Everynight Charley

Pixies & Modest Mouse at Forest Hills Stadium / June 14, 2024

Alternative rock has lasted longer than anyone might have predicted when the music first went mainstream in the 1990s, and so have two of its leading proponents, Pixies and Modest Mouse. Pixies formed in 1986 in Boston, Massachusetts, and split acrimoniously in 1993, reforming with a new lineup 20 years ago. The same year that Pixies split apart, Modest Mouse formed across the country in Issaquah, Washington, later relocating to Portland, Oregon. With the release of their fourth album, Good News for People Who Love Bad News, Modest Mouse found commercial success in 2004, the same year that Pixies was re-forming.

The music of Pixies and Modest Mouse was perhaps too quirky for mainstream audiences, but found a substantial following in the booming alt-rock circuit of the 1990s and early 2000s. Pixies’ peak years started in 1989, thanks to “Monkey Gone to Heaven” and “Here Comes Your Man,” and continued to 1996, with “Letter to Memphis” and “Head On.” Modest Mouse’s peak years were mostly from 2004’s “Float On” to 2007’s “Dashboard,” with brief resurgences in 2014 with “Lampshades on Fire” and 2021 with “We Are Between.” Pixies and Modest Mouse are alt rock royalty for their respective generations.

On their first-ever tour together, Pixies and Modest Mouse focused on their catalogs rather than on recent releases. Perhaps no longer as angry or as experimental as in their college years, the musicians of both bands did not break much ground on this tour. Rather, they played the safer route, performing what has worked for them over the decades. Avoiding their most recent albums, Modest Mouse played nothing from 2021’s The Golden Casket, and Pixies performed nothing from 2022’s Doggerel. Nevertheless, both bands introduced one new song, Modest Mouse with “Third Side of the Moon” and Pixies with “Vegas Suite.”

A summary of both concert performances would be similar. In recent years, both bands recorded less frequently than in their peak years, and perform more older songs than newer songs live. Their audiences have shown more receptivity to their vintage staples. At Forest Hills Stadium, both bands satisfied their audiences by playing tight, energetic, and yet nostalgic repertoires.

Photo by Everynight Charley

“Can the houselights go down?” joked vocalist Isaac Brock, dressed in a dark suit and sunglasses as Modest Mouse began its set under the hot sun at 6:30 p.m. Modest Mouse began left of center with a nine-minute “The Stars Are Projectors,” with its changing tempos and Brock fiddling with distortion pedals and dials. From there, the music largely marched to a dance beat while Brock continued his eccentric, choppy singing style and distorted guitar leads. At one point, Brock sang into his guitar’s pickups rather than use his microphone. With mumbled lyrics challenging to discern throughout the performance, Modest Mouse’s one unreleased song, “Third Side of the Moon,” was perhaps the most sentimental song of the set. “I wish I had listened to every word you ever said, but you always spoke in whispers, and I’m not good at listening,” Brock sang. The set included a cover of the Cure’s “A Forest.”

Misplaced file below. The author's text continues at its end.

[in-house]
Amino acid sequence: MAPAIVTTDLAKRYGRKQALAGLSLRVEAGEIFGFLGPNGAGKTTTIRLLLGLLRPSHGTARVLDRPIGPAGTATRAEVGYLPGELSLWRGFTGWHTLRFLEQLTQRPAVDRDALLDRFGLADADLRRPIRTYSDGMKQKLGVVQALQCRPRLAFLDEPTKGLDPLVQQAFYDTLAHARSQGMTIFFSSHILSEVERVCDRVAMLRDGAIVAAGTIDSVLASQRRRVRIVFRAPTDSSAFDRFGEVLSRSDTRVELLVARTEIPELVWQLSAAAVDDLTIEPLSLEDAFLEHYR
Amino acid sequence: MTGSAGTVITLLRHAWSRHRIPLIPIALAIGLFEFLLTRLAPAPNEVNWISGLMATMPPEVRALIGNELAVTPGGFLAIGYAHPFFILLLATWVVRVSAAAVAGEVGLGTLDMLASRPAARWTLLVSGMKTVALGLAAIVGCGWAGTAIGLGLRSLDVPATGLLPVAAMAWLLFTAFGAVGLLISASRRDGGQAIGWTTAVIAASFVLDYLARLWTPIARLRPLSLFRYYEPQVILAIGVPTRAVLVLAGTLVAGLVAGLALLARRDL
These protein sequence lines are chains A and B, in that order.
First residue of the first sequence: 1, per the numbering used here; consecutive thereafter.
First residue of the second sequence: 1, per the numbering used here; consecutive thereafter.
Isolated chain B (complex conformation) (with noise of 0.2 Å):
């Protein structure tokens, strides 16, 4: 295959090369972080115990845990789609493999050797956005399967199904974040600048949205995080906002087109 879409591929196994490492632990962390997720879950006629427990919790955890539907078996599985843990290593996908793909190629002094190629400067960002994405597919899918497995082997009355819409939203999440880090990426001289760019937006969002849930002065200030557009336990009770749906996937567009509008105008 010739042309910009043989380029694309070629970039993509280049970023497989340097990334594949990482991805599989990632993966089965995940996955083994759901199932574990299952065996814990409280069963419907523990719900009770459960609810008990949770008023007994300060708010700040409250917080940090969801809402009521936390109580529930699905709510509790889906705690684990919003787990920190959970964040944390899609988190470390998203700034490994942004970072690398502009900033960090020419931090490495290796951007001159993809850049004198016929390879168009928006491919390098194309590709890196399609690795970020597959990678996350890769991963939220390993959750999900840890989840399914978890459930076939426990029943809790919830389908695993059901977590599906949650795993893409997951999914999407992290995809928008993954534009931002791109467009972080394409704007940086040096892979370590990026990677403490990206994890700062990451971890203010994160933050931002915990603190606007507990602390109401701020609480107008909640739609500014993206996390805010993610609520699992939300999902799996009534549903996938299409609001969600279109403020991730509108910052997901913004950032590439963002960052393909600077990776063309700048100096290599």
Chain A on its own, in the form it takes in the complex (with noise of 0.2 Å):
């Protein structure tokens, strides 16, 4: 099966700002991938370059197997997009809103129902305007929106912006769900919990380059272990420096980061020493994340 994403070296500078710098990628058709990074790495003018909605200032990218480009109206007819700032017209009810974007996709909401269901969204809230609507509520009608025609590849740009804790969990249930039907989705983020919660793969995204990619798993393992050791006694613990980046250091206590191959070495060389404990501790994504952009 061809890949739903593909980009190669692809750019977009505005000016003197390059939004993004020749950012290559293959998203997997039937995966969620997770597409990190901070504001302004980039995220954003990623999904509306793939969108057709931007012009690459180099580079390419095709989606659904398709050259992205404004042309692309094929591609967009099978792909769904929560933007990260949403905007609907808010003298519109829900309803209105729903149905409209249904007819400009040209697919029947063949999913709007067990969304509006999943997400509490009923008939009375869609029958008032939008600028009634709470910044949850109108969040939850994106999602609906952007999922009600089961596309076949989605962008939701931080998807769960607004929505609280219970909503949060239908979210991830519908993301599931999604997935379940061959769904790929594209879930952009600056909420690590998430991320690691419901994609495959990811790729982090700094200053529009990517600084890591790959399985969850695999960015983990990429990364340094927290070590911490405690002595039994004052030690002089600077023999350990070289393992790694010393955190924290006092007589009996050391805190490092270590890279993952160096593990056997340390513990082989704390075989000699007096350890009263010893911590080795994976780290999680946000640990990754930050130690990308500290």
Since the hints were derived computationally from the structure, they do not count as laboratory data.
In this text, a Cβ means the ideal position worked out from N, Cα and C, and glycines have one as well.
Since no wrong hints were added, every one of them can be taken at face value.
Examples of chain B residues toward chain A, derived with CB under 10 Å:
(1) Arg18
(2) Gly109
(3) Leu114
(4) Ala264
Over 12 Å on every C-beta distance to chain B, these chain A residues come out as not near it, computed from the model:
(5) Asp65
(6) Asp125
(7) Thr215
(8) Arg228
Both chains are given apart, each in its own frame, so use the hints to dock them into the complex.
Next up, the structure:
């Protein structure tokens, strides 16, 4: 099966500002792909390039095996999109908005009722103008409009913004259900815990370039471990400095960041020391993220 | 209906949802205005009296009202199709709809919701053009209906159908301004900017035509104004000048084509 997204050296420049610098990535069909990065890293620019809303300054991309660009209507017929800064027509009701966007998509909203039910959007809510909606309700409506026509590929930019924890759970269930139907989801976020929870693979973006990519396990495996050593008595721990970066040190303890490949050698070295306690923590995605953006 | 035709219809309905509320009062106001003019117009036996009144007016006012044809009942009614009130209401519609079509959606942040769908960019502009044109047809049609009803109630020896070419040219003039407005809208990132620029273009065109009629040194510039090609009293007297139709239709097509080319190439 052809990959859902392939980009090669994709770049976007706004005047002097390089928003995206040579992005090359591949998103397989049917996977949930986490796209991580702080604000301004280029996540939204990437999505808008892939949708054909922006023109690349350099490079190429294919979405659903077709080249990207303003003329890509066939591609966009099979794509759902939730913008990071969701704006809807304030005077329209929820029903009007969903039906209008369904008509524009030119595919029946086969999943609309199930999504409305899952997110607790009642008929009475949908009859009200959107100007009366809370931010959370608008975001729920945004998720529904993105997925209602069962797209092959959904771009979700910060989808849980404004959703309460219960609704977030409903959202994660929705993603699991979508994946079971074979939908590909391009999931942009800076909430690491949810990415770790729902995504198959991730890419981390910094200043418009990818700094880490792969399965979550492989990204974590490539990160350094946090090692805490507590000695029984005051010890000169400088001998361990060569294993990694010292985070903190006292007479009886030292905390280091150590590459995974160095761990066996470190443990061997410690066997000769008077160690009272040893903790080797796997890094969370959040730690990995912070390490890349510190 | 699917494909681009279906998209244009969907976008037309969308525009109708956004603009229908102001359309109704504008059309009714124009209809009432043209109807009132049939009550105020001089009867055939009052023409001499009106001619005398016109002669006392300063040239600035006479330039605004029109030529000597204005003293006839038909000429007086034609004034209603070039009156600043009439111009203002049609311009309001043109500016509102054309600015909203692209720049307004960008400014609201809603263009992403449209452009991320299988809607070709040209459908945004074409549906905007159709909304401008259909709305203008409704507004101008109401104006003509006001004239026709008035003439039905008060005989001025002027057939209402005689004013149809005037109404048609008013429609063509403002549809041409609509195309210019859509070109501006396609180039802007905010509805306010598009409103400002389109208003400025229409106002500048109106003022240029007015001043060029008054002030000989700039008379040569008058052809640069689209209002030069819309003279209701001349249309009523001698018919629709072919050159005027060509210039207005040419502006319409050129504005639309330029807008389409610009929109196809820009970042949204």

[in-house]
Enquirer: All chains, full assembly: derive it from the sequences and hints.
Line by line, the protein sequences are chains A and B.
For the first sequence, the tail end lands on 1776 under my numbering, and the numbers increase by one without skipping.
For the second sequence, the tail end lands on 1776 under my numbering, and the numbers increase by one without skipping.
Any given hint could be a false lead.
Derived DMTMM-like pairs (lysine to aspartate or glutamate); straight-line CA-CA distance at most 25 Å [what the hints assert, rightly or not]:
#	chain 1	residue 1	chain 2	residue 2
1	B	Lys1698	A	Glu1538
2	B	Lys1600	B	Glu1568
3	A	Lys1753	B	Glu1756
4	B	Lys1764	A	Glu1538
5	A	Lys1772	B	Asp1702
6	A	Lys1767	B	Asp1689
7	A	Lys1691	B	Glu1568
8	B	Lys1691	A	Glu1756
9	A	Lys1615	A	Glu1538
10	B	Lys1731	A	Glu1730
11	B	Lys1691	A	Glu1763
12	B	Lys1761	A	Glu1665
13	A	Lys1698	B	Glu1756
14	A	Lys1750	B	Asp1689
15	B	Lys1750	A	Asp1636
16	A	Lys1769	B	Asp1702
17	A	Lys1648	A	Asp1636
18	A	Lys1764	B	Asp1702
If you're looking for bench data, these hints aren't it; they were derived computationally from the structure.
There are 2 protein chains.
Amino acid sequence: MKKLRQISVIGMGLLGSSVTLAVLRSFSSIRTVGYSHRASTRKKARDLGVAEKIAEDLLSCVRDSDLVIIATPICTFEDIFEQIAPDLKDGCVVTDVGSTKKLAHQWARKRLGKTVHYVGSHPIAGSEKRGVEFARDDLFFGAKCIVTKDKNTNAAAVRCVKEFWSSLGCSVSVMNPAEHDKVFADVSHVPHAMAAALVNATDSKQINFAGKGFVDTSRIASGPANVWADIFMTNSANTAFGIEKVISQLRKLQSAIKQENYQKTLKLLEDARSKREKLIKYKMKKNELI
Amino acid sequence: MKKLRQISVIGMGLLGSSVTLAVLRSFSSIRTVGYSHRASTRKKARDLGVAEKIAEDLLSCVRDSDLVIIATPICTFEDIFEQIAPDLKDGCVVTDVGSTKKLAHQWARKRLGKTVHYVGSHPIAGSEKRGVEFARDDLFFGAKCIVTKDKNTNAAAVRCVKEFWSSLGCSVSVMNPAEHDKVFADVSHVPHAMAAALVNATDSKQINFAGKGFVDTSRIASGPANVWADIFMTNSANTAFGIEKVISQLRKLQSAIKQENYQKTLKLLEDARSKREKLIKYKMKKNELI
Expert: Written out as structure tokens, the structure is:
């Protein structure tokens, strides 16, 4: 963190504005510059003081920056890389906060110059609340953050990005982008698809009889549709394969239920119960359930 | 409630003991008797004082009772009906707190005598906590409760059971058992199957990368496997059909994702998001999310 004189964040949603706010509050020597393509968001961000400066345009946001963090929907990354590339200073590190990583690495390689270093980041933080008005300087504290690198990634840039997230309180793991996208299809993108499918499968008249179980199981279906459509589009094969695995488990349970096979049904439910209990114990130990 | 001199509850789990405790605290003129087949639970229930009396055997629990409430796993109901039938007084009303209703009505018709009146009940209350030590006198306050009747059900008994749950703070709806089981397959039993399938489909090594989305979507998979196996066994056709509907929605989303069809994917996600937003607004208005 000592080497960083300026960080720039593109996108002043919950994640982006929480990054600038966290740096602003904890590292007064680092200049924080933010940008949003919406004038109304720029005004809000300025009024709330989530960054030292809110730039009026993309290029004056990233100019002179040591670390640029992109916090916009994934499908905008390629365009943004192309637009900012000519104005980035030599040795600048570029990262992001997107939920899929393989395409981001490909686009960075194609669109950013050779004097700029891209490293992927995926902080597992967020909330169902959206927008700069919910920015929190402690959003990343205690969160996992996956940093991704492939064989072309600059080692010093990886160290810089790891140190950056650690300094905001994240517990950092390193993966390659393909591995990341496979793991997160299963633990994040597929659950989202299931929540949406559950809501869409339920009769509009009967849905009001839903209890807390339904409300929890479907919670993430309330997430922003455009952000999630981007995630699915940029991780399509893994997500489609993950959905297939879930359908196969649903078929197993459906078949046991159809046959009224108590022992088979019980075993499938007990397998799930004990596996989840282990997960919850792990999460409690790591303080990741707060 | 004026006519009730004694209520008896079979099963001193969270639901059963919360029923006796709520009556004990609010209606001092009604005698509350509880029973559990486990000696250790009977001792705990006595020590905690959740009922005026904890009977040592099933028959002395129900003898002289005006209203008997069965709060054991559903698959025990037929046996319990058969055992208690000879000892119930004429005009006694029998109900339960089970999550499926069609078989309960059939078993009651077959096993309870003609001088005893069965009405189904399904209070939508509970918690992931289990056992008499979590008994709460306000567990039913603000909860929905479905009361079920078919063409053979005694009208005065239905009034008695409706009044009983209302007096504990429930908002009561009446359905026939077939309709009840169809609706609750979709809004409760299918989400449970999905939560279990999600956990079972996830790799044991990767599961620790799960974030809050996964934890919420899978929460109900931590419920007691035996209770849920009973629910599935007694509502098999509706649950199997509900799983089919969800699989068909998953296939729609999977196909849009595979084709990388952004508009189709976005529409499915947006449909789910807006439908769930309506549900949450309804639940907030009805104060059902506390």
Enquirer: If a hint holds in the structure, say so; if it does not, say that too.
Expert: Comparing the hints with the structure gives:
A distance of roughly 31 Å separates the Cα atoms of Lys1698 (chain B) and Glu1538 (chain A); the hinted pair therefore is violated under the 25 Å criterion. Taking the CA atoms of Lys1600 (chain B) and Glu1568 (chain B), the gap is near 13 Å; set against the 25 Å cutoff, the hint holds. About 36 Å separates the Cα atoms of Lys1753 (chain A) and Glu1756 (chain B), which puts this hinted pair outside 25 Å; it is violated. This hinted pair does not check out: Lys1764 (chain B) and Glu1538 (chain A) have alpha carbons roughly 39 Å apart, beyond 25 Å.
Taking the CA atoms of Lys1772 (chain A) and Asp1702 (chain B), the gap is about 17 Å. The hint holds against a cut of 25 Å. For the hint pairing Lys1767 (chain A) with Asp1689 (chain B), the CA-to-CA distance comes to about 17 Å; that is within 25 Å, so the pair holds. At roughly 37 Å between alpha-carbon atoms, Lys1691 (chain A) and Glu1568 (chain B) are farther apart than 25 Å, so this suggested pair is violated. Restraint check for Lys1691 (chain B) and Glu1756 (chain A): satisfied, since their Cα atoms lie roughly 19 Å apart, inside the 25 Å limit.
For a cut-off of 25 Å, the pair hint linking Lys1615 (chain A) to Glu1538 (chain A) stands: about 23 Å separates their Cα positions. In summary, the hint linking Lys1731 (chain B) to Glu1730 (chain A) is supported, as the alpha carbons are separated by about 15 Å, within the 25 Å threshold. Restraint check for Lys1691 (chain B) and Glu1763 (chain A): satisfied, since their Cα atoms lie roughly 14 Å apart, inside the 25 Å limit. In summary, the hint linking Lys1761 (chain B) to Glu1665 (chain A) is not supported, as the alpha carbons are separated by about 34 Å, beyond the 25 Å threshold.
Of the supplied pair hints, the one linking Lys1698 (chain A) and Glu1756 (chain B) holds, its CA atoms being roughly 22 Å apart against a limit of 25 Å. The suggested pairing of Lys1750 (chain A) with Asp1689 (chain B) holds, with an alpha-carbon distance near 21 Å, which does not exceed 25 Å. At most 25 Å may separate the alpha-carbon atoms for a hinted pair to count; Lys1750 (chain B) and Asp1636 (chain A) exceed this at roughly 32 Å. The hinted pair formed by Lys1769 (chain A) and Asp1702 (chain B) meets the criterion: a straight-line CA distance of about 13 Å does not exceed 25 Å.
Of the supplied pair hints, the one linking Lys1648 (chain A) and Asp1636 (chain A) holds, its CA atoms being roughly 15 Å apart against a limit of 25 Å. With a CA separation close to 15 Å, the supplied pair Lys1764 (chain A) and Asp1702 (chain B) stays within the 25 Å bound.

Pixies’ vocalist/guitarist Black Francis (aka Frank Black), along with original lead guitarist Joey Santiago, original drummer David Lovering, and new bassist Emma Richardson, celebrated the 35th anniversary of the band’s groundbreaking album, Doolittle, by playing eight songs from that album. Pixies arrived on stage at 8:10 p.m. with a snarling, crunchy, “U-Mass,” “Wave of Mutilation,” and a cover of the Jesus and Mary Chain’s “Head On.” At 59 years of age, Francis’ vocals were still very much intact, as he moved from softer songs like the new “Vegas Suite” to bellowing, moaning, screaming, and wailing on harsher songs – particularly “Gouge Away,” “Debaser,” and the anthemic “Where Is My Mind?” – this one was the night’s penultimate song. Francis punctuated songs with his rapid-fire stop-and-start guitar work. Richardson, most recently of Band of Skulls, took the lead vocal on a cover of Peter Ivers and David Lynch’s “In Heaven (Lady in the Radiator Song)” from Lynch’s 1977 film Eraserhead. The set closed with a rousing cover of Neil Young’s “Winterlong.”

Photo by Everynight Charley

Cat Power opened the concert at the unreasonable time slot of 5:30 to 6:00p.m. – most concert-goers were still in their rush-hour commute from their jobs to the stadium. Sorry we missed Cat Power’s brief performance.

Modest Mouse Setlist

  1. The Stars Are Projectors
  2. Tiny Cities Made of Ashes
  3. Dashboard
  4. Fire It Up
  5. Paper Thin Walls
  6. A Forest (The Cure cover)
  7. This Devil’s Workday
  8. King Rat
  9. Third Side of the Moon
  10. The World at Large
  11. Float On
  12. Doin’ the Cockroach
  13. Heart Cooks Brain
  14. Shit Luck
Photo by Everynight Charley

Pixies Setlist

  1. U-Mass
  2. Wave of Mutilation
  3. Head On (The Jesus and Mary Chain cover)
  4. Isla de Encanta
  5. Cactus
  6. Planet of Sound
  7. Vegas Suite
  8. Ana
  9. Here Comes Your Man
  10. Motorway to Roswell
  11. Gouge Away
  12. Down to the Well
  13. Caribou
  14. Hey
  15. Mr. Grieves
  16. Subbacultcha
  17. Monkey Gone to Heaven
  18. All Over the World
  19. Velouria
  20. The Happening
  21. Bone Machine
  22. Debaser
  23. In Heaven (Lady in the Radiator Song) (Peter Ivers & David Lynch cover)
  24. Wave of Mutilation (UK Surf)
  25. Where Is My Mind?
  26. Winterlong (Neil Young cover)